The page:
US4184089A - Multiple plane spoke structure for a superconducting dynamoelectric machine - Google Patents

Multiple plane spoke structure for a superconducting dynamoelectric machine Download PDF

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Publication number
US4184089A
US4184089A US05658949 US65894976A US4184089A US 4184089 A US4184089 A US 4184089A US 05658949 US05658949 US 05658949 US 65894976 A US65894976 A US 65894976A US 4184089 A US4184089 A US 4184089A
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Prior art keywords
rotor
portion
spokes
temperature
cryogenic
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US05658949
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Charles C. Sterrett
John H. Murphy
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Westinghouse Electric Corp
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Westinghouse Electric Corp
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    • HELECTRICITY
    • H02GENERATION; CONVERSION OR DISTRIBUTION OF ELECTRIC POWER
    • H02KDYNAMO-ELECTRIC MACHINES
    • H02K55/00Dynamo-electric machines having windings operating at cryogenic temperatures
    • H02K55/02Dynamo-electric machines having windings operating at cryogenic temperatures of the synchronous type
    • H02K55/04Dynamo-electric machines having windings operating at cryogenic temperatures of the synchronous type with rotating field windings
    • HELECTRICITY
    • H02GENERATION; CONVERSION OR DISTRIBUTION OF ELECTRIC POWER
    • H02KDYNAMO-ELECTRIC MACHINES
    • H02K3/00Details of windings
    • H02K3/46Fastening of windings on the stator or rotor structure
    • YGENERAL TAGGING OF NEW TECHNOLOGICAL DEVELOPMENTS; GENERAL TAGGING OF CROSS-SECTIONAL TECHNOLOGIES SPANNING OVER SEVERAL SECTIONS OF THE IPC; TECHNICAL SUBJECTS COVERED BY FORMER USPC CROSS-REFERENCE ART COLLECTIONS [XRACs] AND DIGESTS
    • Y02TECHNOLOGIES OR APPLICATIONS FOR MITIGATION OR ADAPTATION AGAINST CLIMATE CHANGE
    • Y02EREDUCTION OF GREENHOUSE GAS [GHG] EMISSIONS, RELATED TO ENERGY GENERATION, TRANSMISSION OR DISTRIBUTION
    • Y02E40/00Technologies for an efficient electrical power generation, transmission or distribution
    • Y02E40/60Superconducting electric elements or equipment or power systems integrating superconducting elements or equipment
    • Y02E40/62Superconducting generators
    • Y02E40/622Superconducting synchronous generators
    • Y02E40/625Superconducting synchronous generators with a superconducting rotor
    • YGENERAL TAGGING OF NEW TECHNOLOGICAL DEVELOPMENTS; GENERAL TAGGING OF CROSS-SECTIONAL TECHNOLOGIES SPANNING OVER SEVERAL SECTIONS OF THE IPC; TECHNICAL SUBJECTS COVERED BY FORMER USPC CROSS-REFERENCE ART COLLECTIONS [XRACs] AND DIGESTS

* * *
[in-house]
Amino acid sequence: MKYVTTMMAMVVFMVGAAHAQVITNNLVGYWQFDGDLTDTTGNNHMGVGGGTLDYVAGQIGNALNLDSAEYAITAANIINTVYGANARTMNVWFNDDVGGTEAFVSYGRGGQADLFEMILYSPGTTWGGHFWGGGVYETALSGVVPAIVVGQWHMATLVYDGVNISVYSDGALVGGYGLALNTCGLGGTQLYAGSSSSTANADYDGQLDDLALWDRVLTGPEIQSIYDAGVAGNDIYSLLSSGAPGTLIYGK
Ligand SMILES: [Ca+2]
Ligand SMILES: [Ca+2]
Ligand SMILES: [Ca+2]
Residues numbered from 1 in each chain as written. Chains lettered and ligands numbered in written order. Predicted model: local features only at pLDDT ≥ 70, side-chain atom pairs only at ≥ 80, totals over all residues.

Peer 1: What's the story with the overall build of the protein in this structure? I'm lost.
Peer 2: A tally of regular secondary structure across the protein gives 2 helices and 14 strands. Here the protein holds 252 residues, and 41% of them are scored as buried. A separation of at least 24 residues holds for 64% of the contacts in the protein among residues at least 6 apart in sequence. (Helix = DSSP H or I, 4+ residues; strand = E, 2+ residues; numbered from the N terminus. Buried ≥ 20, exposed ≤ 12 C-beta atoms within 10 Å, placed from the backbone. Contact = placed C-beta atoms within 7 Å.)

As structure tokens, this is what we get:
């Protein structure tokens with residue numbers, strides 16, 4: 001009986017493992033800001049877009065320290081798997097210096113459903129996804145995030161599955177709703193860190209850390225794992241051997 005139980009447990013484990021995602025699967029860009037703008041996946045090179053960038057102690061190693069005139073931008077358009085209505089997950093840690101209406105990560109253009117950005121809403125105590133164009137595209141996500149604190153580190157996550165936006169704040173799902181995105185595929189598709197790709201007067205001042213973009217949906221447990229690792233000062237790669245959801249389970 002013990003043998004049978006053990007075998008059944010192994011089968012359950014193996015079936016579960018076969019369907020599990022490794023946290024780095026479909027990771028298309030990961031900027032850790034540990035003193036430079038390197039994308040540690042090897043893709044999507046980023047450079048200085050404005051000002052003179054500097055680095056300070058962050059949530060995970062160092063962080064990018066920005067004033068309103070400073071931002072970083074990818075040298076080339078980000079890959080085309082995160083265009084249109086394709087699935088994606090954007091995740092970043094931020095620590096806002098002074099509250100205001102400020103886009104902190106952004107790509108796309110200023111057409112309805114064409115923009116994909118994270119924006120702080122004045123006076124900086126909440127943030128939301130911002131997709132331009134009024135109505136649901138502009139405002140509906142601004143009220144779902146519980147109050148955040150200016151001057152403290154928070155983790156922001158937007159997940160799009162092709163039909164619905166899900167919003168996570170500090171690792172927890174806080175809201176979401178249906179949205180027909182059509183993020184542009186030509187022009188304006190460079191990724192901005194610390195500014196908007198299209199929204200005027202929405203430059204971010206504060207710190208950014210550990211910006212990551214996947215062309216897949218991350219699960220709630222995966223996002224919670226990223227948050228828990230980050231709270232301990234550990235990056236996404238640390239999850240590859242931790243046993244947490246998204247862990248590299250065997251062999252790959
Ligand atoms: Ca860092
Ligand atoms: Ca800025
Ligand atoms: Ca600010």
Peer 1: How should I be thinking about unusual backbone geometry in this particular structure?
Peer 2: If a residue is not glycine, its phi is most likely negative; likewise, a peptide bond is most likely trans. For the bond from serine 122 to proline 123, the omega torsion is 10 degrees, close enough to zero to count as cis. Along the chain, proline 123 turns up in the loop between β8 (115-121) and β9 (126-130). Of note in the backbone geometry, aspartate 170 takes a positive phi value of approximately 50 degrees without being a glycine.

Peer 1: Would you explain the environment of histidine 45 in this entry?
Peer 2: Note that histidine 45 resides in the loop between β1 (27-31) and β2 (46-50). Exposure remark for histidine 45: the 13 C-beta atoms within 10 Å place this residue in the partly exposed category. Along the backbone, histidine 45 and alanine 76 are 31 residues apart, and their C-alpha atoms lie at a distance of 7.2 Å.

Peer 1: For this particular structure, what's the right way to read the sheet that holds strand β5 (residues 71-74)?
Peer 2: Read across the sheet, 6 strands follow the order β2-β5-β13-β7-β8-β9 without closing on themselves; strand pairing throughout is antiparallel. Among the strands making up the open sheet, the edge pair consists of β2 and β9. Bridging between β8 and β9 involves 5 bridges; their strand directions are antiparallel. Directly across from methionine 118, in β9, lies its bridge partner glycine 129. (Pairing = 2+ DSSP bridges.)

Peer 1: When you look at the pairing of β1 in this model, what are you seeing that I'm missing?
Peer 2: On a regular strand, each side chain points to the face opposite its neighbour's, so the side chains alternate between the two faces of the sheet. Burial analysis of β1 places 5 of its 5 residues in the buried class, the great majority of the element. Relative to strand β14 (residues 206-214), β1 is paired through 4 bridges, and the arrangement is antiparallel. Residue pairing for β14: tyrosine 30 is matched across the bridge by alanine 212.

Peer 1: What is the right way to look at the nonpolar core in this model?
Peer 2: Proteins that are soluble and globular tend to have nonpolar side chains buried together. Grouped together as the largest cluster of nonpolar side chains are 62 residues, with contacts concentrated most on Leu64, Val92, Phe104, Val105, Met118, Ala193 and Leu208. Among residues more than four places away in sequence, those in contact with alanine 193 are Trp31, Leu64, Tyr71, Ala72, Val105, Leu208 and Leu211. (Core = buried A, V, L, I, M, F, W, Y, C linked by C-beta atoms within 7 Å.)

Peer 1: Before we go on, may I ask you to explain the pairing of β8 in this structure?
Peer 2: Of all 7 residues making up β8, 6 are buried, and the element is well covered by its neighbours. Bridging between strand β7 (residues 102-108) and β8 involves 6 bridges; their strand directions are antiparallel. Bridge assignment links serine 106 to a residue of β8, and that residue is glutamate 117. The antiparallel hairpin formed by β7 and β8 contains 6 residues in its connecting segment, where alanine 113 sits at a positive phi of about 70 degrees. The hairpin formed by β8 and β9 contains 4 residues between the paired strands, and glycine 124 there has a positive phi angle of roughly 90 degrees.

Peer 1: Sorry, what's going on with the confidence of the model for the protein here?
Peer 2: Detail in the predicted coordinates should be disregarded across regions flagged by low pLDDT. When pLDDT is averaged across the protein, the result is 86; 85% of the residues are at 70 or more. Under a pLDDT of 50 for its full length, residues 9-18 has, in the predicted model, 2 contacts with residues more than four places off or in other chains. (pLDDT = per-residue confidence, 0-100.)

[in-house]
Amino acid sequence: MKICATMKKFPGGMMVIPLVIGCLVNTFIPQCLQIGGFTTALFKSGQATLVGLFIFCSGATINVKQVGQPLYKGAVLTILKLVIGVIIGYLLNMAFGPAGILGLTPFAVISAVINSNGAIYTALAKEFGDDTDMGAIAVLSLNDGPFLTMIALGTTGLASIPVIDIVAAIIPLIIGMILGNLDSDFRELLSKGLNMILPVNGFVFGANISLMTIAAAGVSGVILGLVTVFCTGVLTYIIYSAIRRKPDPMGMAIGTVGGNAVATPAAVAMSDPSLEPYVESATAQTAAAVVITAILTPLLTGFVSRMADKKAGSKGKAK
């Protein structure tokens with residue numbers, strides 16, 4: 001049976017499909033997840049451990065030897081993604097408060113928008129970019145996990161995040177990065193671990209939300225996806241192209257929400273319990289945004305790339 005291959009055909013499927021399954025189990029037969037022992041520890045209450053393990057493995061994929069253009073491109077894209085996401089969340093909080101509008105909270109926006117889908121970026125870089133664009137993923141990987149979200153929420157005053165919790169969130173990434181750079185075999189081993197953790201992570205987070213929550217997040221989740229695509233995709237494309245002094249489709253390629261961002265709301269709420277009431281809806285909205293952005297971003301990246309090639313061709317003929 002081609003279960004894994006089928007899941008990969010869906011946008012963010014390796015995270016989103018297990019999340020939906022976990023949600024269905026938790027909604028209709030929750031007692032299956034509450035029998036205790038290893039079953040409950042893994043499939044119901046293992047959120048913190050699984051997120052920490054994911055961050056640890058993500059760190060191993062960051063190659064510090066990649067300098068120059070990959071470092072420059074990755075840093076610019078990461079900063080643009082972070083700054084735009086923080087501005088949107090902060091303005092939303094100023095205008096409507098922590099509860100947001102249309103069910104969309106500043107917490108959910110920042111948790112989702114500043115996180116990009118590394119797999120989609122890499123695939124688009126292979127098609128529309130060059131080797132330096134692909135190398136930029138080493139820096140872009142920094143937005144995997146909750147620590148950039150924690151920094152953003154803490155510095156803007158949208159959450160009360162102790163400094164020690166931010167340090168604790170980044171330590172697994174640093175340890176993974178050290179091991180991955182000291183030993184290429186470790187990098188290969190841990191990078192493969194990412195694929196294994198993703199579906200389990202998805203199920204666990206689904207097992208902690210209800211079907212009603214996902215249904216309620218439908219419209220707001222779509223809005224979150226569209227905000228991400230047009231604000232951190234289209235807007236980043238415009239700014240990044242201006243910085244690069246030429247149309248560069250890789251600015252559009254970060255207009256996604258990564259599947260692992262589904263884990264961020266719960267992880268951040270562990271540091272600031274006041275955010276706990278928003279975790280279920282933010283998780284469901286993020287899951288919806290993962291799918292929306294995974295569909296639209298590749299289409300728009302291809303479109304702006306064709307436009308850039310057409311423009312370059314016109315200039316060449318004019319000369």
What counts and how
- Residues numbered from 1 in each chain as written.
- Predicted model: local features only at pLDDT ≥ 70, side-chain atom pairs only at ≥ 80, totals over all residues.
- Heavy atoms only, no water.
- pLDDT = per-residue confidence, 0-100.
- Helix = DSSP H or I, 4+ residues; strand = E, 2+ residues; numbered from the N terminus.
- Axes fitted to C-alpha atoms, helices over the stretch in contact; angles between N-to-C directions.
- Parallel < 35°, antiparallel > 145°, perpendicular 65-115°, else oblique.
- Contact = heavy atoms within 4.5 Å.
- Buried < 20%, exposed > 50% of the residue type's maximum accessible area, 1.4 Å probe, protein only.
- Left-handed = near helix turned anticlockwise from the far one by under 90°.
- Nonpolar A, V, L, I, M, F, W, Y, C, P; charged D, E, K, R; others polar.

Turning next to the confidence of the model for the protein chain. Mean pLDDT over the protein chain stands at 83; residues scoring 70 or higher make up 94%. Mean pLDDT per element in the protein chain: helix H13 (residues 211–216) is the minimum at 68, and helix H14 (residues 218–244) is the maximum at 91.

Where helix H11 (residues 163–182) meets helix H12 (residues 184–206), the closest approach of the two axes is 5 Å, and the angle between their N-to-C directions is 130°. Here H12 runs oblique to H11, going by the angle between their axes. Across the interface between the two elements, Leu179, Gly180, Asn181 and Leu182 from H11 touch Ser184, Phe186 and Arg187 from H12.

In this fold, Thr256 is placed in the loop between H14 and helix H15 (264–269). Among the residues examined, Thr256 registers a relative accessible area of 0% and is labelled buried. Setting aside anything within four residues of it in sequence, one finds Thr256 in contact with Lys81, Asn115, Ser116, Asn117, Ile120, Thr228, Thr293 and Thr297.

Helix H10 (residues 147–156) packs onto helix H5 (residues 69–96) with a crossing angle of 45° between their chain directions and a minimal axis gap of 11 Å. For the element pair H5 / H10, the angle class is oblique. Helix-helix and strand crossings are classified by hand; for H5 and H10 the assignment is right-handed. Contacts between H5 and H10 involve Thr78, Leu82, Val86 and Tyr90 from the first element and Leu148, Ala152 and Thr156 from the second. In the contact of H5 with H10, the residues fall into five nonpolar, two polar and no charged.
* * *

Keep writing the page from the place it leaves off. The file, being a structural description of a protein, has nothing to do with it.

• Y10TECHNICAL SUBJECTS COVERED BY FORMER USPC
    • Y10STECHNICAL SUBJECTS COVERED BY FORMER USPC CROSS-REFERENCE ART COLLECTIONS [XRACs] AND DIGESTS
    • Y10S505/00Superconductor technology: apparatus, material, process
    • Y10S505/825Apparatus per se, device per se, or process of making or operating same
    • Y10S505/876Electrical generator or motor structure
    • Y10S505/877Rotary dynamoelectric type
    • Y10S505/878Rotary dynamoelectric type with cooling

Abstract

A multiple plane spoke structure for supporting a superconducting rotor assembly of a dynamoelectric machine. A plurality of generally radially extending support spokes interconnect an ambient temperature rotor portion with a cryogenic temperature rotor portion. The spokes are secured in tension between the two rotor portions and are displaced one from another along the axial length of the rotor member. The spokes are preferably grouped together in sets of at least two each with at least one of the spokes being angularly displaced with respect to the remaining spokes. The proper placement of these groups of spokes is determined by comparing the maximum deflection of the rotor assembly at the operational frequency to the maximum allowable deflection which can be tolerated under steady state conditions. Each spoke projects through radial openings in the core of the field winding structure. These openings are preferably located in the pole portions of the rotor core structure which lie intermediate of next adjacent field winding groups.

Description

BACKGROUND OF THE INVENTION

1. Field of the Invention

This invention relates generally to superconducting dynamoelectric machines, and more specifically, this invention relates to a superconducting dynamoelectric machine having an improved arrangement for supporting a cryogenic temperature portion of the rotor on an ambient temperature portion of the rotor.

2. Description of the Prior Art

Superconducting dynamoelectric machinery having a rotating superconductive field winding requires a stable support for the cryogenic portion of the rotor, while still limiting heat conduction from the ambient temperature portion of the rotor to the greatest extent possible. In prior art cryogenic structures (Dewar vessels), an outer ambient temperature structure has a fill tube passing through it to convey the cryogenic material to an inner cryogenic temperature portion. The fill tube is affixed to the ambient temperature structure to provide support for the cryogenic temperature portion. In addition, thin wires or spokes are utilized to help support the cryogenic temperature portion. The cryogenic temperature portion is surrounded by a vacuum to eliminate convection losses and the surfaces of the inner and outer walls are highly polished to lower radiation losses. Heat conduction to the cryogenic temperature portion is directly proportional to the cross-sectional area divided by the length of the supports linking the ambient temperature and cryogenic temperature portions. Long thin supports are therefore used to reduce conduction losses, which would otherwise result in excessive "boil off" of the cryogenic material.